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The Olive and its Significance as a Food

Archaeological finds indicate that olives were already in use during the Bronze Age. However, at that time they were still wild olive trees. The cultivation of the olive tree probably began around 4,000 BC in Syria and Crete. The importance of the olive and/or oil tree in ancient times was described by Homer in several works, including the Trojan epic poem Iliad. While axe handles were made from the wood of the tree, the oil was used for personal care. The Bible, as well as the Quran, contain passages that refer to the olive tree and/or its fruits. In the early 17th century, the olive reached America. Since then, olives have grown not only mainly in Spain, Italy, and Greece, but also in Argentina, Chile, and Peru.

There are currently over 1,000 varieties of olive trees in the Mediterranean region. This is due in no small part to the different climatic conditions. Accordingly, the range of olives to choose from is diverse: the main differences are in taste, size, and water content. The larger an olive is, the more water it contains. This fact means that no oil, or at least very little oil, can be obtained from large olives. The olive is one of the stone fruits that is practically inedible raw because it is much too bitter. It takes several soakings in water to remove most of the bitter substances and make olives edible. In this shop, you will find green and black olives with and without stones. You can also choose from various marinated and/or stuffed olives. Examples of simple green olives are Green Olives Pitted La Comtesse and Feinkost Dittmann Olives Green with Stone.

Green and Black Olives

When you look at our range of olives, you will first notice the differences between green and black as well as with or without stones. But what distinguishes green from black olives? In general, green olives contain more water and minerals. Their taste can be described as bitter and sometimes spicy. The flesh of green olives is firm. Black olives ripen significantly longer than green olives. Therefore, they taste milder and their flesh is softer than that of green olives. While black olives have about 351 calories per 100 grams, green olives have only about 131 calories per 100 grams. The ripening phase of olives begins with the yellow-green coloration, in the second phase they turn reddish-violet, and only completely ripe olives turn black. As long as the olives are yellow-green, they are perfect for making oil. Black, that is, ripe, olives have a significantly reduced polyphenol content. While it is also possible to press oil from ripe olives, it is by no means as durable as that obtained from less ripe fruits.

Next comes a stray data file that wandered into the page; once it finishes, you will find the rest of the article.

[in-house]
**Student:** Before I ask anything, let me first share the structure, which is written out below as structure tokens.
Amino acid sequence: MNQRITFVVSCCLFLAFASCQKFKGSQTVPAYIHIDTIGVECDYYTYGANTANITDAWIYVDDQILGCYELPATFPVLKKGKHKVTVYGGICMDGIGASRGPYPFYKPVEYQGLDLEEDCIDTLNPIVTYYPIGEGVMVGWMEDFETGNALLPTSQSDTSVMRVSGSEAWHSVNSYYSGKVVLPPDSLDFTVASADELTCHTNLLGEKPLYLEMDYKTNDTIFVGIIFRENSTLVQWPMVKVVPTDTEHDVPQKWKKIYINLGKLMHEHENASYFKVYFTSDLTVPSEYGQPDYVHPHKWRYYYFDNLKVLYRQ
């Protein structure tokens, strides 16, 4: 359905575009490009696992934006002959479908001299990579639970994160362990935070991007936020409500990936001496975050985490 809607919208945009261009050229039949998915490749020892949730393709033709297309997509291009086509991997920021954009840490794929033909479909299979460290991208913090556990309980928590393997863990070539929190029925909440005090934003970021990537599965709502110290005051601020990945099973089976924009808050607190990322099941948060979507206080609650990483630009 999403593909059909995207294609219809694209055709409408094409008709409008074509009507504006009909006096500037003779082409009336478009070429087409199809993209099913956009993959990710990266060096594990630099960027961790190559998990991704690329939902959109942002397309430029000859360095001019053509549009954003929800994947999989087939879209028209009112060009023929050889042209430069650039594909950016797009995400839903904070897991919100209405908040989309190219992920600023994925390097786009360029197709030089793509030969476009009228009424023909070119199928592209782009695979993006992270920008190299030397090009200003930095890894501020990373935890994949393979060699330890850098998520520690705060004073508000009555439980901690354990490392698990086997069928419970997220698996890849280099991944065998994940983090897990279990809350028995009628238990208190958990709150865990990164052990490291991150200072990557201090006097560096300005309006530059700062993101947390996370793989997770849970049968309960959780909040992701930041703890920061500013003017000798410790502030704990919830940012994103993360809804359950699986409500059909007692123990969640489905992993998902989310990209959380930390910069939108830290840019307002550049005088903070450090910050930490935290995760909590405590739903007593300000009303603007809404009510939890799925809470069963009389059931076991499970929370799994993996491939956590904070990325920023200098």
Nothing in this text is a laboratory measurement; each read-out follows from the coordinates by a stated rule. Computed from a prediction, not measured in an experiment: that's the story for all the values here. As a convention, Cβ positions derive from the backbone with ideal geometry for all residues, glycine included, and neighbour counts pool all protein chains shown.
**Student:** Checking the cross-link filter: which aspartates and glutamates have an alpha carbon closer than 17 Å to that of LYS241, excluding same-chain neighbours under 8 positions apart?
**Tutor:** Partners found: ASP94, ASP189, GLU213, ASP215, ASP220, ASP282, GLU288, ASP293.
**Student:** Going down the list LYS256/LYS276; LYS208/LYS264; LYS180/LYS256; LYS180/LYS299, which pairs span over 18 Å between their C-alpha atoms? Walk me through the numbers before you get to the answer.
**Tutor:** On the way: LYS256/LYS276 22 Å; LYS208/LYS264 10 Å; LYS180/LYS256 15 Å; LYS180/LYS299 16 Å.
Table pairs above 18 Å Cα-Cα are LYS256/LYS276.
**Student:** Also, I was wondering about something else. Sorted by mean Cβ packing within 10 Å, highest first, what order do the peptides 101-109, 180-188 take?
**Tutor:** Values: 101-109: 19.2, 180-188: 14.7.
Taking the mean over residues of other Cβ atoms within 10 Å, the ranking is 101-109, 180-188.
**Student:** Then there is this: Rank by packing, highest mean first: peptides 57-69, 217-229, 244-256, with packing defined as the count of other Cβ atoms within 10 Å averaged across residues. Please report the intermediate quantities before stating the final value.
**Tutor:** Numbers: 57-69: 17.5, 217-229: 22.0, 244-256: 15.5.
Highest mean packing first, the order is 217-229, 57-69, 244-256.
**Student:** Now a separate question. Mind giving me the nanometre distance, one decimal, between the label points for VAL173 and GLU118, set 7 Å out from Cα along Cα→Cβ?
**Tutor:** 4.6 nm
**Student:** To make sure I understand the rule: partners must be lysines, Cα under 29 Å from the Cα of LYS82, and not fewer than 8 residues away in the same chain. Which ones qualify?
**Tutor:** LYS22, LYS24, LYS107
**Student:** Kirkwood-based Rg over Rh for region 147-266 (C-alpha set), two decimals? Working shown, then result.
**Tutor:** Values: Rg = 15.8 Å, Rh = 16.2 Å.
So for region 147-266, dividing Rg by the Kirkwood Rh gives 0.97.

As it is time and cost-intensive to harvest olives at the optimal time, it is now common practice to simply dye green olives black. Usually, either iron-II-gluconate (E 579) or iron-II-lactate (E 585) is used for this purpose. Both substances cause oxidation, resulting in the desired dark coloration of the olives. We offer you a choice between real black olives and dyed olives: for example, you can choose between Feinkost Dittmann Kalamata Olives naturally ripened or Feinkost Dittmann Spanish Olives Black without Stones.